Interestingly, the Court of Appeals surveyed Wisconsin law on the issue and concluded that the law was unclear. Specifically, whereas one important case stated that “employers may not compel their existing employees to sign restrictive covenants without additional consideration,” another implied that “if the employer had conditioned continued employment on the employee’s signing of the agreement, there may have been sufficient consideration.” The Court of Appeals noted that both cases presented different facts from those in Runzheimer, and also remarked that “if we look to what occurred after the agreement was signed to discern whether there was in fact valid consideration, we necessarily create an exception to Wisconsin law.” For these reasons, the Court of Appeals certified the question to the Wisconsin Supreme Court. The Wisconsin Supreme Court has heard oral argument and should rule in 2015.
Pennsylvania: Supreme Court to address impact of Uniform Written Obligations Act
The Pennsylvania Supreme Court will also address the “continued employment” issue, but with a twist. In Socko v. Mid-Atlantic Systems of CPA, Inc., the employee resigned and accepted a position with a competitor after having signed a post-employment non-compete agreement. In a declaratory judgment action brought by the employee, the former employer invoked Pennsylvania’s Uniform Written Obligations Act, which provides that a written agreement is not unenforceable for lack of consideration if it “contains an additional express statement, in any form of language that the signer intends to be legally bound.” However, the former employer argued that because the non-compete contained such language, the employee could not avoid the agreement for lack of consideration.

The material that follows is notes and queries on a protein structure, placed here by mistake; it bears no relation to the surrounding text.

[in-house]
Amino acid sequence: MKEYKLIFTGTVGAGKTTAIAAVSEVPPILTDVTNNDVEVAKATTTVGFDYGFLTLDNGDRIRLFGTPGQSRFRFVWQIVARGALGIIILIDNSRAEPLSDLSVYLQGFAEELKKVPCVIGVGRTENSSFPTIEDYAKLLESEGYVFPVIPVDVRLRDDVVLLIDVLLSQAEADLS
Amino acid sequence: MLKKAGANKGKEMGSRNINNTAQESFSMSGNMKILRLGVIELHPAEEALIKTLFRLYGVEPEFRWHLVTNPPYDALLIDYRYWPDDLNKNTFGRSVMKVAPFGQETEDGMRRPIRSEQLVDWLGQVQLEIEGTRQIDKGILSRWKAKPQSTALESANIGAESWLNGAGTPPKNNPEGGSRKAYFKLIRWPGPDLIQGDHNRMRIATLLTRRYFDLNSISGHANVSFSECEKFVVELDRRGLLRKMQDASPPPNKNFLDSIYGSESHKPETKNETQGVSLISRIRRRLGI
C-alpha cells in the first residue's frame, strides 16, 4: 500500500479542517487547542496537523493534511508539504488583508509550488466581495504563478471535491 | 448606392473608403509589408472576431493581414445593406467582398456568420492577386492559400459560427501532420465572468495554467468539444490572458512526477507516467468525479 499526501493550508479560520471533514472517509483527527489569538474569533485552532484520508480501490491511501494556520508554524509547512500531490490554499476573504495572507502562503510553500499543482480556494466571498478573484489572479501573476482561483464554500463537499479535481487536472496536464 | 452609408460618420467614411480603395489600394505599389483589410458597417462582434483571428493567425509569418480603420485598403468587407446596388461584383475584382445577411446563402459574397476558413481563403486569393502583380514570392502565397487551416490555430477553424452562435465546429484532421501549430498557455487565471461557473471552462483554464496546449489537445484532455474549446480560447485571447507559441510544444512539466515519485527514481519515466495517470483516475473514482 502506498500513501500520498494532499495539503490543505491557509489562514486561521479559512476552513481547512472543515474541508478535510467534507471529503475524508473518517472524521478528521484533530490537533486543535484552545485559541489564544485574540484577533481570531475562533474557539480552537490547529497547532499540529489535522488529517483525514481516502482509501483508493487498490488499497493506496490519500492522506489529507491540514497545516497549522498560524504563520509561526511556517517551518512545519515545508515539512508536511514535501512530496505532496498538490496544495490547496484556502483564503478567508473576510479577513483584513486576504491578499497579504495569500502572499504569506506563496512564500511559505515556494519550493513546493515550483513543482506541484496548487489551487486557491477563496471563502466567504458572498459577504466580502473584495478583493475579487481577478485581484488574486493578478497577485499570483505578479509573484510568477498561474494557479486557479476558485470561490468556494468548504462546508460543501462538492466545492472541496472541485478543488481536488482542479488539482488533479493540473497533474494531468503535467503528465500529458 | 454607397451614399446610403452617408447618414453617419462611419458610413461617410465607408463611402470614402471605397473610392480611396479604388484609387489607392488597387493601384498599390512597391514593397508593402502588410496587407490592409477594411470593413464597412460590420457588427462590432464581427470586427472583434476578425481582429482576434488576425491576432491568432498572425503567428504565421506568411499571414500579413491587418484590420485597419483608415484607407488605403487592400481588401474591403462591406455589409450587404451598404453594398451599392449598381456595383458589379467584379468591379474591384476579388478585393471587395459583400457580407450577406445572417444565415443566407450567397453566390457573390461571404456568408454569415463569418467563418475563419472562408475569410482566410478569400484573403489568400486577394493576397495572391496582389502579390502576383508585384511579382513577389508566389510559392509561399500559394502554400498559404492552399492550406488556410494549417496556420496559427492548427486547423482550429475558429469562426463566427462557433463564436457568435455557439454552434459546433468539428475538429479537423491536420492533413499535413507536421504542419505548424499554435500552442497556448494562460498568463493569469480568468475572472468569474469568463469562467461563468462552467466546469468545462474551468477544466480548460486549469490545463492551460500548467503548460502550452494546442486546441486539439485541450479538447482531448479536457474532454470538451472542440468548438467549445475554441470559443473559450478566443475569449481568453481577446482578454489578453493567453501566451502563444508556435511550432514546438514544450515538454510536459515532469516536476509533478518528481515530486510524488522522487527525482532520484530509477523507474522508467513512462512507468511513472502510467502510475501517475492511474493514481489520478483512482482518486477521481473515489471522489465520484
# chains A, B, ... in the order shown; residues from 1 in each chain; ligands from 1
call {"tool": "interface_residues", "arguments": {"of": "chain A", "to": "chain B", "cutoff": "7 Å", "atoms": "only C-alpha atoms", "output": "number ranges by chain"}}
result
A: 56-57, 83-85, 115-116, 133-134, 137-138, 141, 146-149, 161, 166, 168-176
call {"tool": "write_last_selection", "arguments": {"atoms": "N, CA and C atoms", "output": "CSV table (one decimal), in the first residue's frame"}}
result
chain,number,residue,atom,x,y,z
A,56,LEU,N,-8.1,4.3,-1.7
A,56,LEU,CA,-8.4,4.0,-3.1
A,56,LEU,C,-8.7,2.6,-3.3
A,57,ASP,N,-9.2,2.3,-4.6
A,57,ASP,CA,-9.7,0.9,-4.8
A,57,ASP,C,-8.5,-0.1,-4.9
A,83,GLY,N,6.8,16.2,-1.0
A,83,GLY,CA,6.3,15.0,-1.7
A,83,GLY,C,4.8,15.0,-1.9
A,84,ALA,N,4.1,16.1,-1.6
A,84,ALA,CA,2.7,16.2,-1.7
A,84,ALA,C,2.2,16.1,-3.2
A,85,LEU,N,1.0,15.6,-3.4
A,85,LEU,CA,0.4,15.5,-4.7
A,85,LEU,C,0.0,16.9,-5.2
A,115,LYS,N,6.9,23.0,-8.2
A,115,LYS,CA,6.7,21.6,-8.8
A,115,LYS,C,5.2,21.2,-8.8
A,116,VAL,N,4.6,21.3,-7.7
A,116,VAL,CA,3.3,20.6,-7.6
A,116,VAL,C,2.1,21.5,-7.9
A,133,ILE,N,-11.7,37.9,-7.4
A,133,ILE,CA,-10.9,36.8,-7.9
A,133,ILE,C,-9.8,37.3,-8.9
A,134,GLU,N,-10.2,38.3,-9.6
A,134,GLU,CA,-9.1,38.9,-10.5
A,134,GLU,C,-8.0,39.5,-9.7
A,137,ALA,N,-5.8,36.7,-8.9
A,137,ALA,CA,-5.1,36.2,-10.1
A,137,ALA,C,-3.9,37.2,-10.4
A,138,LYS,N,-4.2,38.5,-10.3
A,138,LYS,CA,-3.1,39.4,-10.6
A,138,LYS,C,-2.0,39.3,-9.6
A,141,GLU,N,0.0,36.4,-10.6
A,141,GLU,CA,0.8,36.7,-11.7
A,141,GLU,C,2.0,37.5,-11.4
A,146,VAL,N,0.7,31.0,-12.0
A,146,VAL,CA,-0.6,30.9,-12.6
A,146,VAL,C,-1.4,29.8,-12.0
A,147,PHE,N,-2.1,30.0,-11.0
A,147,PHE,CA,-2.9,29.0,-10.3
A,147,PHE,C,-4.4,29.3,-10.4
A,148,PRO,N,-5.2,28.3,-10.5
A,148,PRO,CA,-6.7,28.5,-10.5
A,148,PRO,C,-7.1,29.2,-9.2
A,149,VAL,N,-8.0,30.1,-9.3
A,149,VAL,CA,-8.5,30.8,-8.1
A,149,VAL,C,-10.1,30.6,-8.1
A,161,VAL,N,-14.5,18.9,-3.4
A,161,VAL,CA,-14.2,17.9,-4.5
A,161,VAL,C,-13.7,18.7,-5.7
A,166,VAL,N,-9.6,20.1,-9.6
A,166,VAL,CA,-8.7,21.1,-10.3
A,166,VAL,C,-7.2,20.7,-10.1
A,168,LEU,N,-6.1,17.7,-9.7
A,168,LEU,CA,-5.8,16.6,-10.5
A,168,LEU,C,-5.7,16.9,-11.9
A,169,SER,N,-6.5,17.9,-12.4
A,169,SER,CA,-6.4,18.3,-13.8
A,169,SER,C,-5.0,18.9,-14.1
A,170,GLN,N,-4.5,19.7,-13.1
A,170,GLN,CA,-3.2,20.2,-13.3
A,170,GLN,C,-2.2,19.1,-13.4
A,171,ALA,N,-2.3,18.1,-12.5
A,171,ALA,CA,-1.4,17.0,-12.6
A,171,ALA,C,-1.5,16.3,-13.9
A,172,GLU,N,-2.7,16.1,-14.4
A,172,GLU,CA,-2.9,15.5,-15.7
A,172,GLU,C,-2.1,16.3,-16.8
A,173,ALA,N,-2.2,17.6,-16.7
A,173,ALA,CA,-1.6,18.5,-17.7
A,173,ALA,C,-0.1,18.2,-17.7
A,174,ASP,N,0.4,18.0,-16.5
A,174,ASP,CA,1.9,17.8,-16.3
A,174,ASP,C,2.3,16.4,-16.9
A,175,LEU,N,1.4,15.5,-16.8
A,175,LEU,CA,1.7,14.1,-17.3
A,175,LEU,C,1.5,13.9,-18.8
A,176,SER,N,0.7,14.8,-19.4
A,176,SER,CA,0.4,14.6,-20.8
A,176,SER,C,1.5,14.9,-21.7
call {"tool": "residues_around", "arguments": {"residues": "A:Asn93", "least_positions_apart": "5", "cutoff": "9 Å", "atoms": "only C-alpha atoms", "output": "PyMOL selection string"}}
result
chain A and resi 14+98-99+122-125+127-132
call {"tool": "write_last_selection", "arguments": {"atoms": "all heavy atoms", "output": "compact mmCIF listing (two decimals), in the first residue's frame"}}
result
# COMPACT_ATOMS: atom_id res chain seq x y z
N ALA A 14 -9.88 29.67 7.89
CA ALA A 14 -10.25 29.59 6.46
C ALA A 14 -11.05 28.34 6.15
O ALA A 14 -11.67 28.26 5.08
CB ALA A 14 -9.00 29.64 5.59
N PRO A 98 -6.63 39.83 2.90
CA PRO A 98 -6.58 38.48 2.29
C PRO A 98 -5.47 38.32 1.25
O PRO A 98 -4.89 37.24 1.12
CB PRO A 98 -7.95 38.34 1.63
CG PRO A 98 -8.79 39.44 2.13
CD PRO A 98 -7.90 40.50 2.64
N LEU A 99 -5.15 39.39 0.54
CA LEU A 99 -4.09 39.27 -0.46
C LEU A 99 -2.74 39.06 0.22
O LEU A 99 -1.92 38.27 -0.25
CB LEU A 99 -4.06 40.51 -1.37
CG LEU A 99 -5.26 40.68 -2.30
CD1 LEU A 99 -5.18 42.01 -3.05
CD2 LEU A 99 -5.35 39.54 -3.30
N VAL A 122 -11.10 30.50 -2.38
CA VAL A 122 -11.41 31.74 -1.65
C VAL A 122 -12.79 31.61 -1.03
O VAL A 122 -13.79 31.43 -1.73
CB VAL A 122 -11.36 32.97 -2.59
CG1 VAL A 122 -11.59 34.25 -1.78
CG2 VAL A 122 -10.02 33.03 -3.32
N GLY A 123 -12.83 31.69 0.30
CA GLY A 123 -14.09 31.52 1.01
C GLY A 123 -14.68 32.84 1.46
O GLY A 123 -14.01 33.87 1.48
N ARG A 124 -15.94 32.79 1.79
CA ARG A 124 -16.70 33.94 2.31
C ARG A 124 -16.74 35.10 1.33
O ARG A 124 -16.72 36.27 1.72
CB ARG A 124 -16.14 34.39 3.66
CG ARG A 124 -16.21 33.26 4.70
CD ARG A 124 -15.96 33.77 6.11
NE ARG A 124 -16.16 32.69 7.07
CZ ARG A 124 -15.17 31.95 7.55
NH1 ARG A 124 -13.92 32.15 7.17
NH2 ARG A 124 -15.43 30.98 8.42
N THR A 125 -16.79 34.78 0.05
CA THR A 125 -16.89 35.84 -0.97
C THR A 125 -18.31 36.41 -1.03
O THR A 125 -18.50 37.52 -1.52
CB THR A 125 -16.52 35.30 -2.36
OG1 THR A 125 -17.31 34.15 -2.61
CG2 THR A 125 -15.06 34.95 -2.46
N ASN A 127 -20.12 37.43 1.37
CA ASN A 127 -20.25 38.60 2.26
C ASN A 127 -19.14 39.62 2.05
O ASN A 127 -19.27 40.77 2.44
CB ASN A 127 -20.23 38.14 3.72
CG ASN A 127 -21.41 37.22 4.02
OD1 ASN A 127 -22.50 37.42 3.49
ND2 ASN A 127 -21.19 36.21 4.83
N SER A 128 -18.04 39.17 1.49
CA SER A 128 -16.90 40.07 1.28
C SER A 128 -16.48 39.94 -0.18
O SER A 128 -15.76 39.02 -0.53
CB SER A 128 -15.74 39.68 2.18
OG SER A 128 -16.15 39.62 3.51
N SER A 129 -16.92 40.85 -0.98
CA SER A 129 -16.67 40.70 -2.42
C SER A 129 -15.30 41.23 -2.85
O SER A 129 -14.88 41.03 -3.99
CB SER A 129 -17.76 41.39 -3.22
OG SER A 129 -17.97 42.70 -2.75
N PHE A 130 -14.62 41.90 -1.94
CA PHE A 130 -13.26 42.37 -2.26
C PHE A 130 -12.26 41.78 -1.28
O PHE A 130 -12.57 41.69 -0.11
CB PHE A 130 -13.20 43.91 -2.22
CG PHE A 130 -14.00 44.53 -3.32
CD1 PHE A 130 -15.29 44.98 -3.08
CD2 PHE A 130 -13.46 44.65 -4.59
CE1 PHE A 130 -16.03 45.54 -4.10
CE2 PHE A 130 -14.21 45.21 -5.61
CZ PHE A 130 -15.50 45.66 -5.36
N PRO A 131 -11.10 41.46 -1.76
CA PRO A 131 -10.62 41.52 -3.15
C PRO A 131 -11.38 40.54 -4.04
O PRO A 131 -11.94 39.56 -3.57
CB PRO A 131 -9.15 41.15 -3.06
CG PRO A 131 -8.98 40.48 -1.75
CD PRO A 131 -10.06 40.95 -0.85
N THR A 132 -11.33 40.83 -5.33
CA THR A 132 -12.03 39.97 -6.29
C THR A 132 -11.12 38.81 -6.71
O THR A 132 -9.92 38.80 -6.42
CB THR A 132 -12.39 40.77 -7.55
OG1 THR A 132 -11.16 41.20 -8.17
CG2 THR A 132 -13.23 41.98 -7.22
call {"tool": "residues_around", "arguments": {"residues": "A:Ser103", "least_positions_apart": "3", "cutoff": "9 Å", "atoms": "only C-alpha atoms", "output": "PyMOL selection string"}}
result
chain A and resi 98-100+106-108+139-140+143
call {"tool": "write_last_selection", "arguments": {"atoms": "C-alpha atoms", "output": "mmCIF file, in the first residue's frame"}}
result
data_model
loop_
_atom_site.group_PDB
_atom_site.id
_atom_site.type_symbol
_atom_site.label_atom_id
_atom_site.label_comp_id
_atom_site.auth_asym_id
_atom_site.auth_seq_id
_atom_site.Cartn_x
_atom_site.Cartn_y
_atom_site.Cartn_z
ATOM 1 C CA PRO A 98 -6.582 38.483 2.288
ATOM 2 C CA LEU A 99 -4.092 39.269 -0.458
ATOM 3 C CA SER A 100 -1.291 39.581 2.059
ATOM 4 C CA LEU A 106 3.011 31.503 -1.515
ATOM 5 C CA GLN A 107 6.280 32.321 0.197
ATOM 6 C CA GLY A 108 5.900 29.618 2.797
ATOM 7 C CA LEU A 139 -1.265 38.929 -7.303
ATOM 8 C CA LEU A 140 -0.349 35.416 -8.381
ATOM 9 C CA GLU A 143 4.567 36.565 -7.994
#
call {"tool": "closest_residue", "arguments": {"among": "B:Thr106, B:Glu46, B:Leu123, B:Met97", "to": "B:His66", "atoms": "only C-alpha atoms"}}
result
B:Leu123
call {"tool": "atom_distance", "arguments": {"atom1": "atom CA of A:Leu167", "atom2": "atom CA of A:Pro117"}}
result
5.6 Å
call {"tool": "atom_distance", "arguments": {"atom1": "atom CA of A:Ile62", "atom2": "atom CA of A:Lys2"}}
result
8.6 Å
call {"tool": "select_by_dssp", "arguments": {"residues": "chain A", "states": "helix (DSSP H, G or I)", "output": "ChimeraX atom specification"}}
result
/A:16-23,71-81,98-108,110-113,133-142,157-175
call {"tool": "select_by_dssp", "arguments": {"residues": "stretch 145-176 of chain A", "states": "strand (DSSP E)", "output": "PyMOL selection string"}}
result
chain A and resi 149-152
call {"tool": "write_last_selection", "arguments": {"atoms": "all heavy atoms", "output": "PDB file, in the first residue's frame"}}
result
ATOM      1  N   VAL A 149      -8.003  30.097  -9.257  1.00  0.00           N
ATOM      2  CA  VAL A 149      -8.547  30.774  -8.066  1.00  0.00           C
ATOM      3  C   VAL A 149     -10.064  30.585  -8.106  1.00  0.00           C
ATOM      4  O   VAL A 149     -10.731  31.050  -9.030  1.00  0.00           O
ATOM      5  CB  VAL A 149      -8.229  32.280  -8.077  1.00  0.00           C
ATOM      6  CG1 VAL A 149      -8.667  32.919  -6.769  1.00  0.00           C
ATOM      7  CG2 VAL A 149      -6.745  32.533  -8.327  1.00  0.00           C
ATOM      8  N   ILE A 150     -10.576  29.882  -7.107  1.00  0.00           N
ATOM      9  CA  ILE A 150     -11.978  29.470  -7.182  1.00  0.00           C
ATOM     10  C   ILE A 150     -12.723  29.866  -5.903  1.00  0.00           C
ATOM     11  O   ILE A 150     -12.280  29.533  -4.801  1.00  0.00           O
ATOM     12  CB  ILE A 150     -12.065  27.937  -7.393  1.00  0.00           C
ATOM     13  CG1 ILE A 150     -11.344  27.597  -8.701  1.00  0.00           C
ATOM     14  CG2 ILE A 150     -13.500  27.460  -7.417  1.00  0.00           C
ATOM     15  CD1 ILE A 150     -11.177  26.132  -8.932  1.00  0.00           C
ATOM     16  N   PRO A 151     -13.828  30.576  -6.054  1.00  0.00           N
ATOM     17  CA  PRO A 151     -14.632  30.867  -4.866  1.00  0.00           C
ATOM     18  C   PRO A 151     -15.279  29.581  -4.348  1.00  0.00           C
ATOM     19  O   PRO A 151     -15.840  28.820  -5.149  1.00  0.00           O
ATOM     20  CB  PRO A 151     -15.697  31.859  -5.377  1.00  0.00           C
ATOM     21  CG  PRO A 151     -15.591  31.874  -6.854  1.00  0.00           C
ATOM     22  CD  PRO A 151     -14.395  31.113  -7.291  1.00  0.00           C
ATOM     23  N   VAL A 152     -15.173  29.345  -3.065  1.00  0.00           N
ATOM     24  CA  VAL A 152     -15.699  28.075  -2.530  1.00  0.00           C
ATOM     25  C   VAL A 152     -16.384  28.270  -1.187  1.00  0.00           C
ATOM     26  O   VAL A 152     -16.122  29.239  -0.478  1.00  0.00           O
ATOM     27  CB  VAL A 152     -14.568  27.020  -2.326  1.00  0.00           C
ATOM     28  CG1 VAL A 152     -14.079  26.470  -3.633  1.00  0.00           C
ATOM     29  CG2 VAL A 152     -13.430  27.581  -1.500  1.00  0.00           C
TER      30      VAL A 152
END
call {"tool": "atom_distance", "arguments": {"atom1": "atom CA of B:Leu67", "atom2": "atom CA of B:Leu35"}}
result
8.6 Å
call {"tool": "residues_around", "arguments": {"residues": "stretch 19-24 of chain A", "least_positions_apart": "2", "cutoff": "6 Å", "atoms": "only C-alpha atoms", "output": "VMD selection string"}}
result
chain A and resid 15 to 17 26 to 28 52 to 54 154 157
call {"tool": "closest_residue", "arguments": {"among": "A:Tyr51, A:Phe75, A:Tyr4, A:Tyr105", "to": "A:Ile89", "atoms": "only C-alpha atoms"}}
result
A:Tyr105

The trial court rejected the argument and granted partial summary judgment in favor of the employee. The Superior Court of Pennsylvania affirmed the trial court’s ruling, emphasizing a string of prior decisions that required additional consideration to support a post-employment, non-compete. The Superior Court held:
When the restrictive covenant is contained in the initial contract of employment, the consideration is the job itself. But when the restrictive covenant is added to an existing employment relationship, however, to restrict himself the employee must receive a corresponding benefit or change in job status. Contractual language satisfying the UWOA does not provide the employee with any actual benefit, and thus cannot suffice as a form of consideration that is adequate to support the later enforcement of the covenant not to compete against the employee.
On Dec. 11, 2014, the Supreme Court of Pennsylvania granted the employer’s Petition for Allowance of Appeal. It will consider, among other things, whether the Uniform Written Obligations Act may “rectify a lack of consideration.”
Takeaways for employers
With employee mobility on the rise, non-competition and non-solicitation agreements are increasingly important tools for protecting a business’s confidential and proprietary information, trade secrets, customer relationships, and goodwill. In view of the ever-shifting legal landscape—on the “continued employment” issue and a host of other issues in the restrictive covenant arena—employers should review and update their employment agreements and policies to ensure that their assets are protected. We will continue to monitor legal developments in Wisconsin and Pennsylvania, and throughout the country.
For more information, please contact one of the attorneys listed below.